There are a lot of festivals. There are also a lot of different types of festivals. Your music may not be the right kind for every festival. So before you spend time and money applying to every festival in the world, make sure you narrow down your selections to ones that you stand a chance of being at.
Metal Is Not Edible
I'm going to go ahead and get your first restriction out of the way. If you play heavy, dark, and/or depressing music, you've already been axed from a large majority of festivals. Remember, a lot of festivals are street fairs, city fairs, corporate events, etc. They are generally trying to cater to a crowd full of families, kids, and people shopping at all the vendor booths. They want music that is "appropriate" for the vibe of the festival.
That doesn't mean there aren't ANY festivals that will book you. It just means you have to aim for ones that are open and willing to have your particular kind of music. Most of them come in the way of music festivals, not festivals that happen to have music.
Not all festivals book small acts. The larger and more famous, the less likely they are going to. But if they are a famous festival that does, there will be a lot of competition. They will always be more likely to book a small band that has developed a decent sized audience, or one that has previous festival experience, than a small band that has less than a dozen gigs under their belt.
Some festivals are themed. A renaissance faire, for example, has a very distinct theme, and they go to great lengths to ensure that the theme is preserved. Lots of them won't allow you to play an instrument if it requires electricity. If that is the case, there's no point in trying to land a spot if you are a trance DJ.
However, if you are a themed band, then you can probably find a festival that is looking for exactly you. That means that all of you acoustic, pirate-metal bands actually have a good chance of being part of the renaissance faire (Just in case you don't believe me - it does exist).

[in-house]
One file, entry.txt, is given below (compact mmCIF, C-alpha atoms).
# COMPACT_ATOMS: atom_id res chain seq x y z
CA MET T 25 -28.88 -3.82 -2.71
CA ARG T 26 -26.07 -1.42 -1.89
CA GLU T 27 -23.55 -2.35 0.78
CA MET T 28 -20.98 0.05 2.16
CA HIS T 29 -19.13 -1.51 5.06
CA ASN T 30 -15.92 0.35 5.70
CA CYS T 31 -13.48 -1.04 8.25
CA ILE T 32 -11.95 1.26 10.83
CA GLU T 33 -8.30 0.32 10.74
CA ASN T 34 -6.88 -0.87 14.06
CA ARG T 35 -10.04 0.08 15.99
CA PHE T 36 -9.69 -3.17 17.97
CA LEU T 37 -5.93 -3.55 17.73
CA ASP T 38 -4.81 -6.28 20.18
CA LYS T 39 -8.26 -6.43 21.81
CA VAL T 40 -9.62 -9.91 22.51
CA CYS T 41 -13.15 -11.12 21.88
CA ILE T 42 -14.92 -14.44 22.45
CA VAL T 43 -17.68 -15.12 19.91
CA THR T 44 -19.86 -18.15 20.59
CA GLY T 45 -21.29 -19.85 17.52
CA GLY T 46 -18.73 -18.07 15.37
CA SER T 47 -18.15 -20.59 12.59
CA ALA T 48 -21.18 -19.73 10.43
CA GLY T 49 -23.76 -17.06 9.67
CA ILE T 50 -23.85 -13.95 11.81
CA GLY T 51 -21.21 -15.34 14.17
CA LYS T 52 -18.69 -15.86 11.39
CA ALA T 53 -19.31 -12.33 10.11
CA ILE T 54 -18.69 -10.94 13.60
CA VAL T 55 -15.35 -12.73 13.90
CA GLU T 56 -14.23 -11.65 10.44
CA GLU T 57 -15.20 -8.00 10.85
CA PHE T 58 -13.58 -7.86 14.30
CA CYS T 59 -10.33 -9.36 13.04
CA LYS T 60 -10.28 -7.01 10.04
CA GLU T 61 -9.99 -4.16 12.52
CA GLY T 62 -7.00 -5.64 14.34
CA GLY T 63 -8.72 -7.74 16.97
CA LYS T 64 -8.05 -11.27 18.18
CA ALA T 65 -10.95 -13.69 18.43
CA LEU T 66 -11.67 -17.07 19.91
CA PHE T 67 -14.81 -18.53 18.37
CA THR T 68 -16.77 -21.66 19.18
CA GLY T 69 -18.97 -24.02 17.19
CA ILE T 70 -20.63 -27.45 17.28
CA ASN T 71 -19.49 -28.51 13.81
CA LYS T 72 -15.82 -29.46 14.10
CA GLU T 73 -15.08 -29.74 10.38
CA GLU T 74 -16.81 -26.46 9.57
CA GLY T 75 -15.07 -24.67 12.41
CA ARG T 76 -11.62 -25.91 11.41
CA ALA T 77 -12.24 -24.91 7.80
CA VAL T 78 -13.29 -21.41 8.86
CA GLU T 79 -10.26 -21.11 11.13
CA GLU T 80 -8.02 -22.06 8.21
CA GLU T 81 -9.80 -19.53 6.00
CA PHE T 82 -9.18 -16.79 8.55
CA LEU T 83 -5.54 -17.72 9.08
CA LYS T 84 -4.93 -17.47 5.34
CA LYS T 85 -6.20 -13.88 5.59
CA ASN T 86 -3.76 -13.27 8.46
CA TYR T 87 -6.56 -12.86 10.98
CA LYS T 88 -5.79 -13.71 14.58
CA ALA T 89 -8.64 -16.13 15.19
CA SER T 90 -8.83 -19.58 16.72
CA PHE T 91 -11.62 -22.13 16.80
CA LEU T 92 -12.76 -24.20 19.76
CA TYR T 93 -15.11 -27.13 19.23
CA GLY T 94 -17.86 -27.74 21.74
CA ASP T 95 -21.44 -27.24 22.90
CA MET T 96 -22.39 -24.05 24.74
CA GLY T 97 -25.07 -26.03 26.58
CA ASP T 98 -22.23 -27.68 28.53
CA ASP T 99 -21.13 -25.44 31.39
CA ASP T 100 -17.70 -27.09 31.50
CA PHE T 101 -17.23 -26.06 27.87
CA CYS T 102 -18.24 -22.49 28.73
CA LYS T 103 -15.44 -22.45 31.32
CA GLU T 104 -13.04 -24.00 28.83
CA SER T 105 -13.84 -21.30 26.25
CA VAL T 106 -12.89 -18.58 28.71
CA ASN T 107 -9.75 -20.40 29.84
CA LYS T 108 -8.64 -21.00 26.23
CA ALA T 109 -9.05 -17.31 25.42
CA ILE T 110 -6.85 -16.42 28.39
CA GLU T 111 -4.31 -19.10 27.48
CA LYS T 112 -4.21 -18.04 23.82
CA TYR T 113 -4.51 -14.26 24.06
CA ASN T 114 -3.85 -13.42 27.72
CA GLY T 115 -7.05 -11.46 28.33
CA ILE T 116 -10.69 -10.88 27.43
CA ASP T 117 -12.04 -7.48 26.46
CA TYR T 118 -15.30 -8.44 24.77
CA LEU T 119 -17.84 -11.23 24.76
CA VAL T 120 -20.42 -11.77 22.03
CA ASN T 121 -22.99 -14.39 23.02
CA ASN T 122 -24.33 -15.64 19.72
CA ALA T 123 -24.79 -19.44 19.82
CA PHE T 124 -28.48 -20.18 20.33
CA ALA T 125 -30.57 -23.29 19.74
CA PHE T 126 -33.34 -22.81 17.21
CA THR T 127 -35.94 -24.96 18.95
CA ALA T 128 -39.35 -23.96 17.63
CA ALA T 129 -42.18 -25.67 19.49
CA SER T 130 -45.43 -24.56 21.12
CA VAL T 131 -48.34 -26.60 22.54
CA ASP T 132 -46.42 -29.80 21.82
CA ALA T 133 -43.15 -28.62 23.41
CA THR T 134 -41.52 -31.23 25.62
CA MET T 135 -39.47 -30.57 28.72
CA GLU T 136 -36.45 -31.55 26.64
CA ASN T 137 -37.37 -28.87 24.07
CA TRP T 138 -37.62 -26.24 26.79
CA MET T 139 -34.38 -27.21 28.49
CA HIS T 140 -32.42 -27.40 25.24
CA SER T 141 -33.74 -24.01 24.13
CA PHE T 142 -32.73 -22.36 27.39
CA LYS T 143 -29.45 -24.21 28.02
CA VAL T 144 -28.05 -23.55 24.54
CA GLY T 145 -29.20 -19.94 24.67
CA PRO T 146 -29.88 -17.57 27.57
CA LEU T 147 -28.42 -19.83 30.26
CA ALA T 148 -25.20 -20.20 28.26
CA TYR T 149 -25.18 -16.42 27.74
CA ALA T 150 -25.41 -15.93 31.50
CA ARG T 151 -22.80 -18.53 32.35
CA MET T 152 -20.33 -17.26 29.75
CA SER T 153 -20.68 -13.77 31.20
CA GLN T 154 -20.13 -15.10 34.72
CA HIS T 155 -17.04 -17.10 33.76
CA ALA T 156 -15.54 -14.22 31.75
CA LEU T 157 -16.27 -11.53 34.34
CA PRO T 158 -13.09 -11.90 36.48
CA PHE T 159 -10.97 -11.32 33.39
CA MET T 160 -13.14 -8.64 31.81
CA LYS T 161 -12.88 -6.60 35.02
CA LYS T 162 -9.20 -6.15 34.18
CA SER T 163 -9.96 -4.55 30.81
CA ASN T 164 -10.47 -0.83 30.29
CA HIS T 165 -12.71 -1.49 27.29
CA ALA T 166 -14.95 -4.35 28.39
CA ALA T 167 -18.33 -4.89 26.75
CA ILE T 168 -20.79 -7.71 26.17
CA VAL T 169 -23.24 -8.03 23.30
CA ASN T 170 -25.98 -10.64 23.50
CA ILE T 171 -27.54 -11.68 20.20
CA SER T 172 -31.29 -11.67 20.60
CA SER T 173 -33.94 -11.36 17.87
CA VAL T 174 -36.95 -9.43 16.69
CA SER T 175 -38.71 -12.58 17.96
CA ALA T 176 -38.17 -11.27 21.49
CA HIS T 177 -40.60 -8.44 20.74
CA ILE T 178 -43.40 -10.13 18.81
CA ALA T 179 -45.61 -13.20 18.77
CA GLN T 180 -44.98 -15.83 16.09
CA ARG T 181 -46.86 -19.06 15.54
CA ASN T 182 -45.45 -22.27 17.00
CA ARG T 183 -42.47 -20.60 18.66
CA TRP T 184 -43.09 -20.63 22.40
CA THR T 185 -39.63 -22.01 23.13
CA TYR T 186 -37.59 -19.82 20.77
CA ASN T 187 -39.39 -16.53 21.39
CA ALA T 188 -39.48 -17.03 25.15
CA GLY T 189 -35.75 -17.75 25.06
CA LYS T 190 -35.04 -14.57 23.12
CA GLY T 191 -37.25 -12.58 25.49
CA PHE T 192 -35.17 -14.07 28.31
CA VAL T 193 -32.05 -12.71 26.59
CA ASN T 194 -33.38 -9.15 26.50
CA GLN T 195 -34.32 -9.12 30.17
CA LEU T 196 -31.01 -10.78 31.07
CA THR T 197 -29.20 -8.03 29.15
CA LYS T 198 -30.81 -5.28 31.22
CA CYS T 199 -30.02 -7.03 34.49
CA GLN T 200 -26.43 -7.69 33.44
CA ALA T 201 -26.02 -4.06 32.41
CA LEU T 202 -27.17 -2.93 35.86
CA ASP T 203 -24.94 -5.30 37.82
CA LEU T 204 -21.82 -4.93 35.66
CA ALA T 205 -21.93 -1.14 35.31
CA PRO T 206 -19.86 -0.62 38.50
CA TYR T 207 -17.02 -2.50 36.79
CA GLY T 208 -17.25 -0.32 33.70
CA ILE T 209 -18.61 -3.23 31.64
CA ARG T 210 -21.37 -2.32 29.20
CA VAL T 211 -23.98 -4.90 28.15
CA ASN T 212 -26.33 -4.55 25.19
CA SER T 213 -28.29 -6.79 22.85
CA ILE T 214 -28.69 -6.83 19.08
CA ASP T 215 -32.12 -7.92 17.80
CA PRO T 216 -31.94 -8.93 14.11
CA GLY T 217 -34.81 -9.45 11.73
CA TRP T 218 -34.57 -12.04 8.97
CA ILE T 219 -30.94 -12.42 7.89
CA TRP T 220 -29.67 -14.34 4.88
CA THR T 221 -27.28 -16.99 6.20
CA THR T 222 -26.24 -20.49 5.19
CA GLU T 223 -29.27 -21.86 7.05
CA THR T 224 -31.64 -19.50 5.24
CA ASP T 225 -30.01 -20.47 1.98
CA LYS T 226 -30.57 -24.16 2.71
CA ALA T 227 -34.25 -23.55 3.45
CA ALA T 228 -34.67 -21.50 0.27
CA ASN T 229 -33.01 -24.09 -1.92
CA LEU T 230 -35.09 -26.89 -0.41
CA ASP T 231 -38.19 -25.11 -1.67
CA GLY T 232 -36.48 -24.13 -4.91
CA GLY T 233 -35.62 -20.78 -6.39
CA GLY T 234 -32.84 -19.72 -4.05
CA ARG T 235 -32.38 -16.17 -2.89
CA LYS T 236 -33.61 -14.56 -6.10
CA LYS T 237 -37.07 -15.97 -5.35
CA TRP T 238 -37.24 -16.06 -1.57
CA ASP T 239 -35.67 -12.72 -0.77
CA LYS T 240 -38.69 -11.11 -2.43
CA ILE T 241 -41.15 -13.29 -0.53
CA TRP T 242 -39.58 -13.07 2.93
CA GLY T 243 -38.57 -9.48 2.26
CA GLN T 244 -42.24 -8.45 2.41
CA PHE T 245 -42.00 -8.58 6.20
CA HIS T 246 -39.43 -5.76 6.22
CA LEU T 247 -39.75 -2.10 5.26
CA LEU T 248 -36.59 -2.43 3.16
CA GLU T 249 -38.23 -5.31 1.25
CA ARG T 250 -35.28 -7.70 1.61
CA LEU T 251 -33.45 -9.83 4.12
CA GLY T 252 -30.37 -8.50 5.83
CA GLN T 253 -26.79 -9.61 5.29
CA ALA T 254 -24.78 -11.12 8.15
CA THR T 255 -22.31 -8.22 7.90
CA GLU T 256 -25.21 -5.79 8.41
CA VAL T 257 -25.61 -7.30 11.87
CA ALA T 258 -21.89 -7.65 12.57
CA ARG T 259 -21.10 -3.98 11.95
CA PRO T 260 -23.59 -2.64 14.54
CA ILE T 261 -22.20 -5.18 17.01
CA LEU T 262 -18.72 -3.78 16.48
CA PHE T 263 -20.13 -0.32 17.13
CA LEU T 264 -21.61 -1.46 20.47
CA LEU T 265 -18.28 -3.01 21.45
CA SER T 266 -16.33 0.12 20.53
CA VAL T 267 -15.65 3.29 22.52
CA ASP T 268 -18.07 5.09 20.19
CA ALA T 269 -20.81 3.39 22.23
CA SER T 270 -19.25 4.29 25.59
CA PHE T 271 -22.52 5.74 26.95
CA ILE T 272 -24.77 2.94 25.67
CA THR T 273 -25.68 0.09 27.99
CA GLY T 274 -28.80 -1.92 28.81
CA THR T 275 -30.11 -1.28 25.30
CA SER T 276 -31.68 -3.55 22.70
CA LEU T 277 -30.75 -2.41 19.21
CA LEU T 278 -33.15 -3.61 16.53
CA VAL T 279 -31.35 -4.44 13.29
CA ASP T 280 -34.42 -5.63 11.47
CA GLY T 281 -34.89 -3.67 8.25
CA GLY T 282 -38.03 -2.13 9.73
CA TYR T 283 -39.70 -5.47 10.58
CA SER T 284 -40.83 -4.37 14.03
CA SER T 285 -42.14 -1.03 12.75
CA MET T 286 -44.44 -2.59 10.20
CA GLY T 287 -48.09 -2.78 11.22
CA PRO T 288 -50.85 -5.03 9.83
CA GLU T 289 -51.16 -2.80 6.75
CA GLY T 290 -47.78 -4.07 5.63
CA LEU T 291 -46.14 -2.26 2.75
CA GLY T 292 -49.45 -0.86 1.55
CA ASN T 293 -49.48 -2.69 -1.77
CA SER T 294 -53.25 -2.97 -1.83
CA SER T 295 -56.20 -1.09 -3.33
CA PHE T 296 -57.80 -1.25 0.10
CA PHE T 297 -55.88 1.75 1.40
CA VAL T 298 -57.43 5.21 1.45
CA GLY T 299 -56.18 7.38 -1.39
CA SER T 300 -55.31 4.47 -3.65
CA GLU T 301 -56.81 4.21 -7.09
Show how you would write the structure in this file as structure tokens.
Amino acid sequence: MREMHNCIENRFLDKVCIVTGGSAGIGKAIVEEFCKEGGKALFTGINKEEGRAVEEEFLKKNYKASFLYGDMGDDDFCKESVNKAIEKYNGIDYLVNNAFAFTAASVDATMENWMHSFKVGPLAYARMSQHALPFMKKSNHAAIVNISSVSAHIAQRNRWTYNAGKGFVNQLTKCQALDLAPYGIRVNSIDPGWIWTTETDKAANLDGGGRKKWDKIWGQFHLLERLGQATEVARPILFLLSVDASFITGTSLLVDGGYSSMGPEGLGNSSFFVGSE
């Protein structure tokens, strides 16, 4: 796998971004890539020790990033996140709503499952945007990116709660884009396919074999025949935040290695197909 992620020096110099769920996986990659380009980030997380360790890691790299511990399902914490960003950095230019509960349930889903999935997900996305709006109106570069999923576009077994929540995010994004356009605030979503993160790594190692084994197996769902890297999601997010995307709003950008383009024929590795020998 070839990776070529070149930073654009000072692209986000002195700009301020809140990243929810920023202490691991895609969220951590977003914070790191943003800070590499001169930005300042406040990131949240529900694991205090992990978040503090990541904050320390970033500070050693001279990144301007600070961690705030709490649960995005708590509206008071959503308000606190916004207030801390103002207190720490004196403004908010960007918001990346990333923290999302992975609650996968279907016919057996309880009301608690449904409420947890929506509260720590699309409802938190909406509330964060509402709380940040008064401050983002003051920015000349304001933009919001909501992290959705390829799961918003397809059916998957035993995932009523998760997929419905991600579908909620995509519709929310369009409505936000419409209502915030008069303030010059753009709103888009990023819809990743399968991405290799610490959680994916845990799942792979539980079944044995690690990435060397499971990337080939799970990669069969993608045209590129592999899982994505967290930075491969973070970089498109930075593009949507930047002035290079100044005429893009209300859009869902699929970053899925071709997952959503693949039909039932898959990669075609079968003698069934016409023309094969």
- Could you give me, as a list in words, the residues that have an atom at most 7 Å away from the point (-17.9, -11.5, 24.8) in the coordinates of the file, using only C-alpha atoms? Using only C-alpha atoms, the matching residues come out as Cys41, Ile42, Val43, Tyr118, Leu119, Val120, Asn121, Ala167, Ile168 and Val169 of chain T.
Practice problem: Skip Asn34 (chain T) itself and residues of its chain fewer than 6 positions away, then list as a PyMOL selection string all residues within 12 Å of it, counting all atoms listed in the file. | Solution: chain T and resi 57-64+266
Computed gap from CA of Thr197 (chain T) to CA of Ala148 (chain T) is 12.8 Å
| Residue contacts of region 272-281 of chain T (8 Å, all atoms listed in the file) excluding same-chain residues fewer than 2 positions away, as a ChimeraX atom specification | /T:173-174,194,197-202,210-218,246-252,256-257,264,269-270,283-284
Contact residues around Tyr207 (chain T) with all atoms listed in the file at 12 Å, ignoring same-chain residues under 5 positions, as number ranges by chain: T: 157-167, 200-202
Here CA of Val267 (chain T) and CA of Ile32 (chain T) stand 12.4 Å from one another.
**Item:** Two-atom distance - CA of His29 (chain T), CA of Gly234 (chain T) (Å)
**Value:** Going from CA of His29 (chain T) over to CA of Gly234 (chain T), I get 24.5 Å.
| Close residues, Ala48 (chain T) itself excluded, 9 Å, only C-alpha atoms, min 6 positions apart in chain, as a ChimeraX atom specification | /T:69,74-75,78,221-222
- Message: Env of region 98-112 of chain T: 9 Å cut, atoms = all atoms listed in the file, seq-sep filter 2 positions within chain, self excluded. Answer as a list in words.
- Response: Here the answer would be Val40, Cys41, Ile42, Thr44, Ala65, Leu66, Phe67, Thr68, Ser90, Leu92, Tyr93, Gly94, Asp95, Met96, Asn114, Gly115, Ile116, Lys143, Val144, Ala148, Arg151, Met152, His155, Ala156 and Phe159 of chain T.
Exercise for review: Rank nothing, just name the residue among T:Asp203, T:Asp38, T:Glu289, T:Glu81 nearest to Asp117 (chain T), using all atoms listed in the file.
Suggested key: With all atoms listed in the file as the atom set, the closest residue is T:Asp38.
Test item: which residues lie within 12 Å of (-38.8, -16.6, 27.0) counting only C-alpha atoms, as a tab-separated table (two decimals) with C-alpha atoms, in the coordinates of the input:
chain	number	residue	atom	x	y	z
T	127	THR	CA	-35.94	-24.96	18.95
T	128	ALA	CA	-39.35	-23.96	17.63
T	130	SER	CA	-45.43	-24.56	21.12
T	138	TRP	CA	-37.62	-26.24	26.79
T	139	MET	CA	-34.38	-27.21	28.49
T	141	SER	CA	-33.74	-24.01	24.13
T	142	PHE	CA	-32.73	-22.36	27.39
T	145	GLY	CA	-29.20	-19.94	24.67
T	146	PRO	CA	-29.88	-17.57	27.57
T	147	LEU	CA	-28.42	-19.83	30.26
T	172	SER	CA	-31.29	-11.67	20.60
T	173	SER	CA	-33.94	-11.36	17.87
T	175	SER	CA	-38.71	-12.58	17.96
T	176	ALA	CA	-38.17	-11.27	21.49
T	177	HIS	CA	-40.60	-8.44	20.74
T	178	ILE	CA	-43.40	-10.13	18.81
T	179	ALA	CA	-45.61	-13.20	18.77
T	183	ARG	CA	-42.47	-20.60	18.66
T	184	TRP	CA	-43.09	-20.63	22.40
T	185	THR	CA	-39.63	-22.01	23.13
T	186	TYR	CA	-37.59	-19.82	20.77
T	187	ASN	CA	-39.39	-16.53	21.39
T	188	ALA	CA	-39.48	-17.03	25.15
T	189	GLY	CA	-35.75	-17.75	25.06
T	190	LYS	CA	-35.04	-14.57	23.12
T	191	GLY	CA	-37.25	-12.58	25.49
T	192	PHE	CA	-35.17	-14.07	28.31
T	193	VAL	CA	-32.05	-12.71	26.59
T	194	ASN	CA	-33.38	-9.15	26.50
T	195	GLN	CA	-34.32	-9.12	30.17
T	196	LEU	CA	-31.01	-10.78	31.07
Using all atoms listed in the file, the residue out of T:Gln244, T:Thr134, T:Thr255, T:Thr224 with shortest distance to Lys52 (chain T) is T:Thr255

As with any gig, payment is a factor you should consider. Some festivals have too much money at their disposal, others don't have near enough. Regardless, you will find that a lot of them aren't willing to pay the smaller bands. They will ask you to play for free and use the money to bring larger names onto the bill. It's up to you to decide whether or not it's worth it. If the festival can provide you a large audience, it is probably well worth it. But if you are only going to be playing to 20 people, it may not be worth it.
If you're wondering why playing for free would ever be a bad idea, it's because once you get on that path, it can be hard to get off. Next year, they may refuse to pay you regardless of how well you did purely because they know you are willing to do it for free. On top of that, people who organize festivals DO talk to one another. Word may spread that you are willing to play for free. Your decision should depend on what you are looking for out of the festival, and what you want from future festivals.